16. The character Loki makes for an interesting take on viking tales and how they tie in with the mythology we’ve been studying in class. Loki is a trickster god, there’s no denying it; he fits the build. He performs mischievous acts rather than being pure evil. He reacts impulsively and more often than not does not think before making a move. He does, however, seem to have a little more control over his temper as opposed to his brother, Thor. Loki brings new elements to the table of tricksters, however. He can either play a completely deceitful character who formulates revenge out of spite, or he can use his thief-like ways to help the gods. There are stories of Loki fighting alongside his brother, Thor, as well as against him. Most importantly Loki’s character reflects the “fallibility and frailty of the gods,” both as a god himself and towards other gods (Heroes and Tricksters 257). Just like in most all of the other texts we’ve read, the gods are not to be outwitted. They are the hierarchy and to mock their word is extremely disrespectful. Loki’s character more often than not seems oblivious to this idea, maybe being that he is a god himself. However as a god, the fact that he acts irrationally (at times) and mischievously seems questionable as to whether he is responsible to hold such a high status or not. It is in the stories where he’s present to lend a helping hand that make him a more admirable character. In the tale of Thor, Loki, and the farmers’ two children, Thjalfi and Roskva, they stumble upon the thresh hold of Utgard-Loki. Together they attempt to best the retainers of Utgard-Loki, competing in contests to prove they were superior in strength.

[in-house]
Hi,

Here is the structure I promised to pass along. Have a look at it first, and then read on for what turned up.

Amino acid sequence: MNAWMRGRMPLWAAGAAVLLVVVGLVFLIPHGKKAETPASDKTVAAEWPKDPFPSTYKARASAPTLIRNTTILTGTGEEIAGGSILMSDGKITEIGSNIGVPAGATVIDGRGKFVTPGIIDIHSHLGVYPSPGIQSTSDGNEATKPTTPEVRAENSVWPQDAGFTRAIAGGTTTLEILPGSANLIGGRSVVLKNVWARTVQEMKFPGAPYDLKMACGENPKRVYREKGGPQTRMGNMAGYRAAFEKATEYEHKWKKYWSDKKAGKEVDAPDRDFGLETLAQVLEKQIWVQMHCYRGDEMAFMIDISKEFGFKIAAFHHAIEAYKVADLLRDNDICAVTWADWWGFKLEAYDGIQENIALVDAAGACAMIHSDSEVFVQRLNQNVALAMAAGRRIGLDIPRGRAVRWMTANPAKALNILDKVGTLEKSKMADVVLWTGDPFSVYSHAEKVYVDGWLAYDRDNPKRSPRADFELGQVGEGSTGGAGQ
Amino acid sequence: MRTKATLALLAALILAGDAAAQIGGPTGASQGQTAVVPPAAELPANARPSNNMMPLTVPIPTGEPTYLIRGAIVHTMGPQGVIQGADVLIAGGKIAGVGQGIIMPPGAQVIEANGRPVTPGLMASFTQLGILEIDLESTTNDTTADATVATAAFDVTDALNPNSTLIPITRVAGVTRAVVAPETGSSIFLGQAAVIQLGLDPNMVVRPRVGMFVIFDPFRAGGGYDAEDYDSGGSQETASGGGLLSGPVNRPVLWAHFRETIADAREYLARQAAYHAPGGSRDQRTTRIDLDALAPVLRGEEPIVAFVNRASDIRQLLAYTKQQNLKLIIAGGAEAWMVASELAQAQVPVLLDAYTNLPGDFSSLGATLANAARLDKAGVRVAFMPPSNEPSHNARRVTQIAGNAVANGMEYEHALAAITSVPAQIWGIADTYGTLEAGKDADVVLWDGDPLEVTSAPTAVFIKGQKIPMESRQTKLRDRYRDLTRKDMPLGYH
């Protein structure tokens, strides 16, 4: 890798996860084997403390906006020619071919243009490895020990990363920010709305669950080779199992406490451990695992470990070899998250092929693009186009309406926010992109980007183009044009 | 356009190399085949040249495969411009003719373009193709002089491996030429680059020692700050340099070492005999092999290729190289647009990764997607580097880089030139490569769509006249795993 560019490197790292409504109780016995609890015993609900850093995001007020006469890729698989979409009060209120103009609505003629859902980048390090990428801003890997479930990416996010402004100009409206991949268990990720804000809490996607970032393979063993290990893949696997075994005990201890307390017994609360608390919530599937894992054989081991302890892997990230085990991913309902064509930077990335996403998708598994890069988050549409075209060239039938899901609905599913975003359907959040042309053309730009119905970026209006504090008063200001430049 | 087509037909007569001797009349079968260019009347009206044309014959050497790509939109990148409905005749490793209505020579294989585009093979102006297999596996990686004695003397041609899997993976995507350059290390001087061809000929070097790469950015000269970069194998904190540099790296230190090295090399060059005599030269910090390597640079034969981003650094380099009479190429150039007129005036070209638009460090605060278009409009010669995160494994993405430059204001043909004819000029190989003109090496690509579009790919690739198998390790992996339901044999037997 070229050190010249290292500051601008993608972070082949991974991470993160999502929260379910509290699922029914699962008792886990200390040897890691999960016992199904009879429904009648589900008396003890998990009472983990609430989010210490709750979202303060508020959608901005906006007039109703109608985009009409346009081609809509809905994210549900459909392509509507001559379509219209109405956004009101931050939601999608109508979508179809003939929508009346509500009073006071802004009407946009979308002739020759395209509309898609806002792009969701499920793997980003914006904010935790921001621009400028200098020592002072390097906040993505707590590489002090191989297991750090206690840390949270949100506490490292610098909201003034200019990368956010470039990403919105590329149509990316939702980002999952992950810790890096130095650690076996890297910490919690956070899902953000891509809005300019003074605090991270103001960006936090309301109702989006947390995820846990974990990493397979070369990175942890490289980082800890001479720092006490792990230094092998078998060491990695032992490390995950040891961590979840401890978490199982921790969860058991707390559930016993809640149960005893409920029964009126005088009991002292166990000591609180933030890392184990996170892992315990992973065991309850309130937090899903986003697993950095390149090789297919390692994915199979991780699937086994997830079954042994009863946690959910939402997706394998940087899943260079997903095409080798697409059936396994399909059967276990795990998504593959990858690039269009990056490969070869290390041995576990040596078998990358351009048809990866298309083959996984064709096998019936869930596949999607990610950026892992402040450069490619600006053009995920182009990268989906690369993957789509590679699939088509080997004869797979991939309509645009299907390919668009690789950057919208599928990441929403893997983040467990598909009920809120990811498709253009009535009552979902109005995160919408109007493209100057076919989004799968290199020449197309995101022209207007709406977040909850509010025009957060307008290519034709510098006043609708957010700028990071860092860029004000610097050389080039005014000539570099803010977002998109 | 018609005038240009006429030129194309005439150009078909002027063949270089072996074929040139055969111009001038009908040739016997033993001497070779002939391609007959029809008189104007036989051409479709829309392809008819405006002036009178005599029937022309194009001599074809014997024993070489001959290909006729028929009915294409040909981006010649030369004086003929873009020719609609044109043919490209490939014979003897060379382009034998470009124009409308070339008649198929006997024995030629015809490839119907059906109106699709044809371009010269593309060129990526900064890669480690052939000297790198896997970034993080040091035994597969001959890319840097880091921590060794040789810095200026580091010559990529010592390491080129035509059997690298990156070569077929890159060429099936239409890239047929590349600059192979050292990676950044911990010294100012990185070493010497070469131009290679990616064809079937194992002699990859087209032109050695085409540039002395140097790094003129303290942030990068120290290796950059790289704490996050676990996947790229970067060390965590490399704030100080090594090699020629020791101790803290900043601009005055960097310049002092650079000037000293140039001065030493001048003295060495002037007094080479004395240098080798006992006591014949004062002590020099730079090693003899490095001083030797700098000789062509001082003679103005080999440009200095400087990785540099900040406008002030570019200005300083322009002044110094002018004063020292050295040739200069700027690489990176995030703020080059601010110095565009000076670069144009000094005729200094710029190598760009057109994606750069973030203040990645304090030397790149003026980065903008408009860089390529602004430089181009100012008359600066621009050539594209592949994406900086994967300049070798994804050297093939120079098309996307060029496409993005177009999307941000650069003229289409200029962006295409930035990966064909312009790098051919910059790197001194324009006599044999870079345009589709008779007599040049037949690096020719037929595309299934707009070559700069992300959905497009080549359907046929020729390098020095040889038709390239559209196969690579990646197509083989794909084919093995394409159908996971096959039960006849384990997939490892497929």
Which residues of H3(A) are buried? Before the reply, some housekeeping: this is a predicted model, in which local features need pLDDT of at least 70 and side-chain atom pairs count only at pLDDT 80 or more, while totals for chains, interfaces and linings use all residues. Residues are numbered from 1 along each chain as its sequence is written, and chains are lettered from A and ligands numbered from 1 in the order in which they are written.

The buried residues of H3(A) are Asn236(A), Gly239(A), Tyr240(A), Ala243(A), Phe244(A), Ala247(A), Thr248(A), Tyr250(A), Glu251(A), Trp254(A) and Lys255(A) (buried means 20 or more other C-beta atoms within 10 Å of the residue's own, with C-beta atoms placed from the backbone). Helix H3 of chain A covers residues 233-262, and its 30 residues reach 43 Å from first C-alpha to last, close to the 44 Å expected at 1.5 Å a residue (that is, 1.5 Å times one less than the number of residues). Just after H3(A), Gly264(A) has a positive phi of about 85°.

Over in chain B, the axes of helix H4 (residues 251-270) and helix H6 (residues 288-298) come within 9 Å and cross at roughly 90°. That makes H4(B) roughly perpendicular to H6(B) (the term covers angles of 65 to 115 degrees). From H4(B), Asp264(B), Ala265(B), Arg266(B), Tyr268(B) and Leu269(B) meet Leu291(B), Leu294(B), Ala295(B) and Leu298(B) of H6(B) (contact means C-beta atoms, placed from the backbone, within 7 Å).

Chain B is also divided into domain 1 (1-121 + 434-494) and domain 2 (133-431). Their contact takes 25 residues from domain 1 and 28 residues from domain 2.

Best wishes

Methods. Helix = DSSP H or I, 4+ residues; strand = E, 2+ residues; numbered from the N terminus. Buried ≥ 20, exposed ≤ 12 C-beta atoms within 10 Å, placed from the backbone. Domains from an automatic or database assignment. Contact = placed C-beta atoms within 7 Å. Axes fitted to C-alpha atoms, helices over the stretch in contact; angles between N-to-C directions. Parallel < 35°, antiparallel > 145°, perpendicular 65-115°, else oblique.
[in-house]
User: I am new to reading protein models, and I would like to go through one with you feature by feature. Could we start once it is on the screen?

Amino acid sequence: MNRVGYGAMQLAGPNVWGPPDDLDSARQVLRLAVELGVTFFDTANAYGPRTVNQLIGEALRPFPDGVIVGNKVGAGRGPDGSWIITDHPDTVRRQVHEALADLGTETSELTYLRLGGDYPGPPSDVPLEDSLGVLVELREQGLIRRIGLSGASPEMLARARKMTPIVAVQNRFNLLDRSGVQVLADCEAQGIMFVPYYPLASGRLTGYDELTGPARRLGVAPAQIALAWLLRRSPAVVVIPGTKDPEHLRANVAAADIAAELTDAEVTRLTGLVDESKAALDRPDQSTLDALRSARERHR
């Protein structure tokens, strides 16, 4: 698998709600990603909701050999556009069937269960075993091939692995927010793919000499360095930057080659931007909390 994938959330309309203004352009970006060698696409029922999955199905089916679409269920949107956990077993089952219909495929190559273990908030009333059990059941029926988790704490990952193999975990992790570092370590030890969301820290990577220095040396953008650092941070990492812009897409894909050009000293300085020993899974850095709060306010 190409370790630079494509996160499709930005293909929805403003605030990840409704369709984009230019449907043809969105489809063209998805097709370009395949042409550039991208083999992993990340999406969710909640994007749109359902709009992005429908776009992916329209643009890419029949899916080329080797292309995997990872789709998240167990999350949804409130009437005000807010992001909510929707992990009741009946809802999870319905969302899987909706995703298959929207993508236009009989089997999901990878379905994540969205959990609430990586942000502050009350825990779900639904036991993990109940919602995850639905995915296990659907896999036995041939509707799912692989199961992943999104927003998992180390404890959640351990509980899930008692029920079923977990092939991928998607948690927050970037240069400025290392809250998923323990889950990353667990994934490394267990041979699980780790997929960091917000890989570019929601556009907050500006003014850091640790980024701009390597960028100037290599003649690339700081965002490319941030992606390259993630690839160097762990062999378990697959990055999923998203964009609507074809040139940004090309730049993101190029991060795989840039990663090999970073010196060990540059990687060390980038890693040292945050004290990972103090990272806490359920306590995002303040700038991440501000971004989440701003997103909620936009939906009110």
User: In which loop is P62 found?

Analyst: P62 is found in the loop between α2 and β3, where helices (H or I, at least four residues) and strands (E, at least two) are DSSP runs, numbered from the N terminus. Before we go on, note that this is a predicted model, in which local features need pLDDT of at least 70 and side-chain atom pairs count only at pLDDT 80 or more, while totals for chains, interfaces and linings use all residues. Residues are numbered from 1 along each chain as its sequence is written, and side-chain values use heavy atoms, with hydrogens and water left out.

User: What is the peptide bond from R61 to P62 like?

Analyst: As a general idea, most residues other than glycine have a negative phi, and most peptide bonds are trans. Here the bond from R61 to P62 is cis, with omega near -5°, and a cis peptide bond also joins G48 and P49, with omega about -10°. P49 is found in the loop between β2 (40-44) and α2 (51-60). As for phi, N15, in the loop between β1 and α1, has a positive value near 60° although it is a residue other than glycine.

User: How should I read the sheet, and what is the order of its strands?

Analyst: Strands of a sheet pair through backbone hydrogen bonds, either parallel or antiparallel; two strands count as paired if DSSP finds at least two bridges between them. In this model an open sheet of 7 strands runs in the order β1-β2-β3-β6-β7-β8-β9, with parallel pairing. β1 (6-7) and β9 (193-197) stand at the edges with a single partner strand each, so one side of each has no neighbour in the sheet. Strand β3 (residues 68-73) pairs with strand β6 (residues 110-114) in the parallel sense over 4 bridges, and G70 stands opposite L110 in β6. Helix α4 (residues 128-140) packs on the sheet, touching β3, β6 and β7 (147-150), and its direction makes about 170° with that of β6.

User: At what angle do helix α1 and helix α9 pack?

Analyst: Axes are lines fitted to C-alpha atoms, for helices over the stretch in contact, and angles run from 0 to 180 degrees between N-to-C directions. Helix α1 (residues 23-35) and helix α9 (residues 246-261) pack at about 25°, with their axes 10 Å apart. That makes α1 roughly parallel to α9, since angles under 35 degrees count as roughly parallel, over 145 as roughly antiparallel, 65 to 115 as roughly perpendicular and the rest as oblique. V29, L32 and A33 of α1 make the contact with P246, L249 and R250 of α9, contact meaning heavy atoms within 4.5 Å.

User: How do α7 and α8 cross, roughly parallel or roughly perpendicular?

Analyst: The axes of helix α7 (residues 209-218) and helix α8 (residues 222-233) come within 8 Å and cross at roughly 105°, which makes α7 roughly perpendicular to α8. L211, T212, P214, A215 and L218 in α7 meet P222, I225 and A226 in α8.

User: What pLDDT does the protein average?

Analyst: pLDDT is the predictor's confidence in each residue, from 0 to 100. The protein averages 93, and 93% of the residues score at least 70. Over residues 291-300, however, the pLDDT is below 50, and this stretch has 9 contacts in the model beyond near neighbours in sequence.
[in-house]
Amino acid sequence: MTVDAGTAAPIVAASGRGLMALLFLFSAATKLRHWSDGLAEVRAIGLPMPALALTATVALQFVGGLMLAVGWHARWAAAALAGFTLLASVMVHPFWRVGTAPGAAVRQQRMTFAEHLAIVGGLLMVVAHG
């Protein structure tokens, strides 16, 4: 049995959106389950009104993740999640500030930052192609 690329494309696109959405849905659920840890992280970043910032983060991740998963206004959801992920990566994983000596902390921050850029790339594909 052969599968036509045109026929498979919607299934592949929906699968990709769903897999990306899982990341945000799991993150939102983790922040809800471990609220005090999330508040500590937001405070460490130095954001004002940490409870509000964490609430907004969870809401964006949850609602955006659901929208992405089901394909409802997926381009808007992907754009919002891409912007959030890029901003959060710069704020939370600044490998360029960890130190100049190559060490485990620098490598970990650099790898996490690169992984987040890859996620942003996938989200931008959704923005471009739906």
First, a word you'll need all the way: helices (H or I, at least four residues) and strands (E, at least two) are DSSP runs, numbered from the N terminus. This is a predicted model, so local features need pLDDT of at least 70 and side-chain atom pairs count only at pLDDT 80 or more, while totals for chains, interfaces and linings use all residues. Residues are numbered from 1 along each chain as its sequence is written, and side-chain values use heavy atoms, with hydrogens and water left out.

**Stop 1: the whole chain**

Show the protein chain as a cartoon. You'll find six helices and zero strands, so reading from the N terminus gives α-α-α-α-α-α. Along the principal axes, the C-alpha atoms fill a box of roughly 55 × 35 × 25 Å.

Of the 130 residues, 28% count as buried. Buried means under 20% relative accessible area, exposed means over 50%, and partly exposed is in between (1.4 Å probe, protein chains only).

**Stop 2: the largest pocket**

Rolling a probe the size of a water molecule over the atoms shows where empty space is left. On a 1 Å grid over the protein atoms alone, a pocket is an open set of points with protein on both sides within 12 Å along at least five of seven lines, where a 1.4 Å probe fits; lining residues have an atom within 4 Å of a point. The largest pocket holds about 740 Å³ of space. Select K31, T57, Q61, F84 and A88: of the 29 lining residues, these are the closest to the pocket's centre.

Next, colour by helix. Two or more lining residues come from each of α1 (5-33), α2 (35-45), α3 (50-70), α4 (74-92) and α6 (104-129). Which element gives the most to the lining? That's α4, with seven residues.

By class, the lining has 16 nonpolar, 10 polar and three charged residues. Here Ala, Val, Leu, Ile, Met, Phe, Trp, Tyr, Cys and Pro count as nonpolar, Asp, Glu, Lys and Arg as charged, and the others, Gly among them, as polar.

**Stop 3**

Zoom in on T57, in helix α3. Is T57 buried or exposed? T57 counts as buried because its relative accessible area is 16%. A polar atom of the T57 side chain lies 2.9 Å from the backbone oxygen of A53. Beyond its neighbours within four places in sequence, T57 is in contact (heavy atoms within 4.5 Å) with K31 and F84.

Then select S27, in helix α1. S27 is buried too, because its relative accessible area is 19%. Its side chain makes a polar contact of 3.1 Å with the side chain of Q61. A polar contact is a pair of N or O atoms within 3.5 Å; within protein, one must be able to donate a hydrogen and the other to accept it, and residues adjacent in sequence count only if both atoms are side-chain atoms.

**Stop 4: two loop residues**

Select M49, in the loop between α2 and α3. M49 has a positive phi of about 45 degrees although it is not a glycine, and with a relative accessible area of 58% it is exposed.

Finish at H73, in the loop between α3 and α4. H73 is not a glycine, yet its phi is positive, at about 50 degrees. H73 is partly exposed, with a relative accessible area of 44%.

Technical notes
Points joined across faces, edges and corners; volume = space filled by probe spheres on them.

17. The story that I find most fascinating is that of Thor and his stolen hammer. To me, this story was somewhat a breath of fresh air, as it allowed for some comedic relief. Thor is a very powerful, arrogant God who loves fighting others for his own enjoyment. He looks at himself as being the most powerful man out there, as he uses his hammer to cause destruction to his enemies. This story, though, exposes him as not being that almighty warrior-like god, as he basically breaks down when his hammer is stolen. Loki, the trickster in Viking myth, knows where the Hammer is, but uses his tricks to get Thor to dress up like a female. All of this shows not only that even the strongest of people have their weaknesses, but that in spite of all the seriousness involved with myth, that there are instances of humor. All of this ties in to why I find the story of Thor and his stolen hammer so fascinating in a mythological standpoint.